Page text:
here is one i have been wondering about & have no idea.why do outlets not have two green screws for the bare grounding wire? i know this sounds crazy but this has had me puzzled all day.they have two screws for the neutral & hot , bu not ground.
I have a few Sierra outlets that have the twin ground screws, but I'm guessing the idea of mounting a bare ground wire on the same side as the hot could lead to some interesting experiences if you're not careful...
Could also be something to do with current listing requirements
I would assume it is so you are not depepnding on the device as the fault clearing path. If you were to take out the device, you would have no path for fault current until you connected the two EGCs together. Sort of the same concept as 300.13(B) for the grounded conductor of multiwire circuits.
I agree with Ryan and Sixer that having and using two ground screws on devices would lead to 250.148 violations.
250.148 in part
The arrangement of grounding connections shall be such that the disconnection or the removal of a receptacle, luminaire (fixture), or other device fed from the box will not interfere with or interrupt the grounding continuity.
Frankly, I wish they only had one connection each for the hot & neutral also, making it impossible to depend on the device for circuit continuity.
I can not agree with that.
You are free to pigtail the device if you want but assuming proper installation it is not unsafe to feed through a device.
Bob Badger Construction & Maintenance Electrician Massachusetts
It's amazing the assumptionf different folks make. These assumptions may never even be reflected in, or inferred to by, standards and codes....but they are there nonetheless.
Having dealt with some folks in the design and testing of receptacles....they, like most real electricians, assume that only a DIY will actually connect two set of wire to a device- surely not more than that! It is also recognised that it is a fairly common trade practice to "split" a receptacle. (Switched receptacles for lighting and the dishwasher/disposal receptacle are prime examples of this).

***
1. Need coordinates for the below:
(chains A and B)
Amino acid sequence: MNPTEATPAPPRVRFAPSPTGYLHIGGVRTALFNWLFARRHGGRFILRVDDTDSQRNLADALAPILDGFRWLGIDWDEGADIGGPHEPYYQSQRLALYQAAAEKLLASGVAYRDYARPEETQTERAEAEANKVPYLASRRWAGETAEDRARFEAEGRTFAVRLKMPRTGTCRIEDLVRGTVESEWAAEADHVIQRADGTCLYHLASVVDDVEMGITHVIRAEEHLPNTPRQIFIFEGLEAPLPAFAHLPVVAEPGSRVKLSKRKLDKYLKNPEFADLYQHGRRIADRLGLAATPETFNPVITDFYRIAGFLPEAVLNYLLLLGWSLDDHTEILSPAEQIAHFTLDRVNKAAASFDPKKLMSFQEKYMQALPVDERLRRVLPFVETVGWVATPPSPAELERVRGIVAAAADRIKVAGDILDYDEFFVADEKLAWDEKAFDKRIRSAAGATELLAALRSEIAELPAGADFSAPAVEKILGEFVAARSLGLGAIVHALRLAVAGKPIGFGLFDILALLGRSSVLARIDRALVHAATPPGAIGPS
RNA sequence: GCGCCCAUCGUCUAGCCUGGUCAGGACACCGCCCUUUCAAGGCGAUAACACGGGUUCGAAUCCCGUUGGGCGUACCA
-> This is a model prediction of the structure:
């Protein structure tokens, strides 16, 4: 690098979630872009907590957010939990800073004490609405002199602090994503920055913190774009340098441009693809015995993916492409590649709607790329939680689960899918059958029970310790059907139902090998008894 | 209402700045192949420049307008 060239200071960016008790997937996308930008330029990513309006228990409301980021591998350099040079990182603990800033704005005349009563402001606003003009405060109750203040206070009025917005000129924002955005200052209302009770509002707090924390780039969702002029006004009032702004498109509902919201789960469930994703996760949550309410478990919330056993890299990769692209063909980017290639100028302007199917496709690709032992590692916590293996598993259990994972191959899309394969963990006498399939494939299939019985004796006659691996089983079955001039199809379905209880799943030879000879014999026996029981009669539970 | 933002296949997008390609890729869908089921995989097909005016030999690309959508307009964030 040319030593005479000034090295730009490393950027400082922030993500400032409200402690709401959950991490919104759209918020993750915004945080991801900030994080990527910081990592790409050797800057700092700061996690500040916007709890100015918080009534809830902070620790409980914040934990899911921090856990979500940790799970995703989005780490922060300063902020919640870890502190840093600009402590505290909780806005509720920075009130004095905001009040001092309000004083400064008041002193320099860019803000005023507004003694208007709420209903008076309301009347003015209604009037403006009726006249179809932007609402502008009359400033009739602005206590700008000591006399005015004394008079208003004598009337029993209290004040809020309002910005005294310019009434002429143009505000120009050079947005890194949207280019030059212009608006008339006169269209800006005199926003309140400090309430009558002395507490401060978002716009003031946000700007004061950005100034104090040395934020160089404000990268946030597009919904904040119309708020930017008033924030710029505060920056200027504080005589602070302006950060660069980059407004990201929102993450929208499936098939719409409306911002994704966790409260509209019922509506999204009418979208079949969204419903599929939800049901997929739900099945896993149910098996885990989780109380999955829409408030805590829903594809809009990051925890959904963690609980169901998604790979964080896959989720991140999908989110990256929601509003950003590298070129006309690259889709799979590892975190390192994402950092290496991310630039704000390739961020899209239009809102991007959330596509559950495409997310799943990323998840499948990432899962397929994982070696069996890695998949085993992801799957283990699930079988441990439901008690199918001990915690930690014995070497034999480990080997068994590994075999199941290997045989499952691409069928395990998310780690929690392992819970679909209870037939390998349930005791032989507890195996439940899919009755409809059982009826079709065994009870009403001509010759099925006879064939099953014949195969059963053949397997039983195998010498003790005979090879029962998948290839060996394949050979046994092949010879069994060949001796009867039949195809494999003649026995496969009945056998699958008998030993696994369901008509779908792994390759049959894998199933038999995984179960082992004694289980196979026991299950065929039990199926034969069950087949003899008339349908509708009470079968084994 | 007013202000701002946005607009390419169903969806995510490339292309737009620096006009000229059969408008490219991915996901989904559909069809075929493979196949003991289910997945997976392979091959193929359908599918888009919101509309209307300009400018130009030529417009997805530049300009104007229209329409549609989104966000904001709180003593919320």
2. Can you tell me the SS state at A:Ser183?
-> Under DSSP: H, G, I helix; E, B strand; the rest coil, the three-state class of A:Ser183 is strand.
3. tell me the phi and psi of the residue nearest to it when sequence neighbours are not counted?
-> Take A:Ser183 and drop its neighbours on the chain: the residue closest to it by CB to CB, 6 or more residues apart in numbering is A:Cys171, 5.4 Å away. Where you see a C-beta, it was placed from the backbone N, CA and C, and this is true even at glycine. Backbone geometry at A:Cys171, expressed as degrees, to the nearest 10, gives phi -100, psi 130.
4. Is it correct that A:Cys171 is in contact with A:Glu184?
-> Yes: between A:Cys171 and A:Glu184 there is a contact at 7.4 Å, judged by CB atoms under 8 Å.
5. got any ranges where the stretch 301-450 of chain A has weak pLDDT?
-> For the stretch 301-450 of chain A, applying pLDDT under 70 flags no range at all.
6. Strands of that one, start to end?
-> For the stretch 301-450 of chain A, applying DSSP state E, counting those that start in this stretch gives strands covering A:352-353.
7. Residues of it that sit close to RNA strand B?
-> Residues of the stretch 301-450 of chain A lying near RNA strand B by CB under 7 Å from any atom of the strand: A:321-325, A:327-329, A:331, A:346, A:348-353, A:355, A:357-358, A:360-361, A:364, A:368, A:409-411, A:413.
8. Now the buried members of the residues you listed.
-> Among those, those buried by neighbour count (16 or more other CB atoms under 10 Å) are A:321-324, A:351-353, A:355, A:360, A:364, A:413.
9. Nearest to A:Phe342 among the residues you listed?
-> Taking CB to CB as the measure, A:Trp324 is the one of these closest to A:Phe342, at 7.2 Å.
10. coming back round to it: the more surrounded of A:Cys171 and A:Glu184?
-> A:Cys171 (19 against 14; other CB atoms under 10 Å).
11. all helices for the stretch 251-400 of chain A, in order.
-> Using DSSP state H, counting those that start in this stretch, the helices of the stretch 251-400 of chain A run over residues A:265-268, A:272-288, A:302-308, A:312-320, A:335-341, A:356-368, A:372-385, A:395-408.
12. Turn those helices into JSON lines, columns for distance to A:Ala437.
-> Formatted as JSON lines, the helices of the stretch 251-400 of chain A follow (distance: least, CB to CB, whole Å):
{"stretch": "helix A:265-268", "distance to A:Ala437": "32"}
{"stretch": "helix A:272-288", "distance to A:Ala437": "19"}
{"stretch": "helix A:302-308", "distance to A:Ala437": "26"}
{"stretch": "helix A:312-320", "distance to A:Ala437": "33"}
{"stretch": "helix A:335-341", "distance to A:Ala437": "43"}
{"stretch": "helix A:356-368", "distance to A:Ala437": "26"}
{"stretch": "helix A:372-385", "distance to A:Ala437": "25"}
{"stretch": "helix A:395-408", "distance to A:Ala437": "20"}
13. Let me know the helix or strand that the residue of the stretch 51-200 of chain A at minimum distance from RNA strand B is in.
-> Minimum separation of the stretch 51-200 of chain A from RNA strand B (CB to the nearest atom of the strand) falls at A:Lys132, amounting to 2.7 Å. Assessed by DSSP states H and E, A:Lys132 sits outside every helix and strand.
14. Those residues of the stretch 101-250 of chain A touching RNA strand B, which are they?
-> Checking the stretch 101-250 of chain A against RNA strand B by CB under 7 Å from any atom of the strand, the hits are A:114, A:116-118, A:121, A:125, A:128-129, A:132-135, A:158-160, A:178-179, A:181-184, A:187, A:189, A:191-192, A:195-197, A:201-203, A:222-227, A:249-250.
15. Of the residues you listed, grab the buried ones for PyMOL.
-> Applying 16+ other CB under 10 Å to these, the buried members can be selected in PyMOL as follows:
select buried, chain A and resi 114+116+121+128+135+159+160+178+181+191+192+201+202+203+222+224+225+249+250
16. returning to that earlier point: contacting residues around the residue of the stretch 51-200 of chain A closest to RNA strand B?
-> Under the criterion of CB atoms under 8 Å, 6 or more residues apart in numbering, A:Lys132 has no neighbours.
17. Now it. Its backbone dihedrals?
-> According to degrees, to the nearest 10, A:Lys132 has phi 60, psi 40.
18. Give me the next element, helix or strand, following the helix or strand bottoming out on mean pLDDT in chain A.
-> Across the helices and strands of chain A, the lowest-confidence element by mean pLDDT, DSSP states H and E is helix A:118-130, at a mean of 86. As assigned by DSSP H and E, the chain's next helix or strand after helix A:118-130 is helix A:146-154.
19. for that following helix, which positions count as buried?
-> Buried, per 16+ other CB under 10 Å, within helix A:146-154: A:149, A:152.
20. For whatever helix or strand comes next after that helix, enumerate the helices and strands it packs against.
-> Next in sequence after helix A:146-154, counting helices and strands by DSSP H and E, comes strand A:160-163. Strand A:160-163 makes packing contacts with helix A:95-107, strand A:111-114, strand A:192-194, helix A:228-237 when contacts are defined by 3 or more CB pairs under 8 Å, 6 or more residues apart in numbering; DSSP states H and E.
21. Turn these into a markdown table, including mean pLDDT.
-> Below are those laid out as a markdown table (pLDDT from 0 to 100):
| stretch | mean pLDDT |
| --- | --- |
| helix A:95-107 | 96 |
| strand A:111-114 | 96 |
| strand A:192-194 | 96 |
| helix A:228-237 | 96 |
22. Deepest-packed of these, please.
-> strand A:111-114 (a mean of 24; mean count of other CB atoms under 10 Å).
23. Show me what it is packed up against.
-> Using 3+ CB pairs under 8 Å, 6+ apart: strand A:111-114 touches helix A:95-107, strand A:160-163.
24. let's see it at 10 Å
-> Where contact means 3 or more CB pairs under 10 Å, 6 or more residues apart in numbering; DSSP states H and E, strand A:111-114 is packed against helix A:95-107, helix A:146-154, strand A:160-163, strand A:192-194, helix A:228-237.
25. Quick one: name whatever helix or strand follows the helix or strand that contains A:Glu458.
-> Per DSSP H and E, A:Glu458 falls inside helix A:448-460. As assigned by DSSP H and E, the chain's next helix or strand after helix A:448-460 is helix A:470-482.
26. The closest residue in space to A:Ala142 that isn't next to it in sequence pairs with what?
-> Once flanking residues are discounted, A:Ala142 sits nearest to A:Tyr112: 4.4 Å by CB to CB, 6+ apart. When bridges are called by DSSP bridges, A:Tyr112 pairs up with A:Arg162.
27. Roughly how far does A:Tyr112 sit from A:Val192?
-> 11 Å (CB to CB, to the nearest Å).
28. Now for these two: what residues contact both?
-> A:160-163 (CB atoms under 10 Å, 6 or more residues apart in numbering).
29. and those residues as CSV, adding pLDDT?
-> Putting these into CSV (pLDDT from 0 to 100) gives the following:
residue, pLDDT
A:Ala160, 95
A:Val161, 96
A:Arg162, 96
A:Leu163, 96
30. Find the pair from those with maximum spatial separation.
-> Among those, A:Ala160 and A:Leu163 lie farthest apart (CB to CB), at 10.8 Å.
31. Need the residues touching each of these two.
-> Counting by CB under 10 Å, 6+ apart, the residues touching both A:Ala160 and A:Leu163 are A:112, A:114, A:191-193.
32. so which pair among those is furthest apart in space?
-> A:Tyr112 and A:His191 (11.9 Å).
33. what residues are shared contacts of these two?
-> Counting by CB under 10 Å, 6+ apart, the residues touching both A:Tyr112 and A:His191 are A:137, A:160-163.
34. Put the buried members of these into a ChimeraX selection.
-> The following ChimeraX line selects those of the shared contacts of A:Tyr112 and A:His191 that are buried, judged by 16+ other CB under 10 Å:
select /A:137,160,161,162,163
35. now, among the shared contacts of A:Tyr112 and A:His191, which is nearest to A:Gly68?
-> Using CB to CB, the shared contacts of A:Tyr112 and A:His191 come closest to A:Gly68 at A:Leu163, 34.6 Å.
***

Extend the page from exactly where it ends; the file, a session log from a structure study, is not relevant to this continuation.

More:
And, unless you're a HIY or tract hacker, you use a pigtail.
Another assumption these days is that you'll be using a "greenie" to join the grounds together.
Until recently, it was quite possible to legally wire a receptacle without connecting the ground wire directly to it; a connection to the metal box was considered sufficient. Even today, I think it is assumed that the primary connection will be to the box, with a eparate pigtail to the receptacle.
Receptacles probably would have been made completelt without a ground screw, except that, in plastic boxes, you really need to attach that wire to something! I'm certain this is the real reason switches have ground screws....speculation about metal cover plates notwithstanding!
Right, G, its' legal. At least, for up to two wires per side. More than that, and it's debatable.
But you assumption that the guys who do this might consider being called a "tract hacker" an insult may not be correct. These guys seem to take pride in just how fast, and cheaply, they can wire a house to the most minimum standard...I can even think of one member of this site who calls himself "Romex Racer." For all I know, 'track hack' might be the next rung of their professional ladder! :-)
When differentiating between two installation methods, both of which meet code, and both of which have been listed by a suitable testing lab, qualifying one as a 'hack' and the other as 'good workmanship' is at best a gut feeling supplemented by experience and anecdote.
'We all know that backstabs are bad.' Seems to me that well controlled spring tension in a device would do a better job of making a splice than a randomly tightened screw. At the same time I would never use a backstab.
Connecting two sets of wires to a device. When working with stranded wire and commercial 'back wire' receptacles, my _gut_ feeling is that the screw and pressure plate of the receptacle would make a better splice than a wire-nut. Barring multi-wire circuits, I will by preference connect multiple pairs of wires to such a receptacle.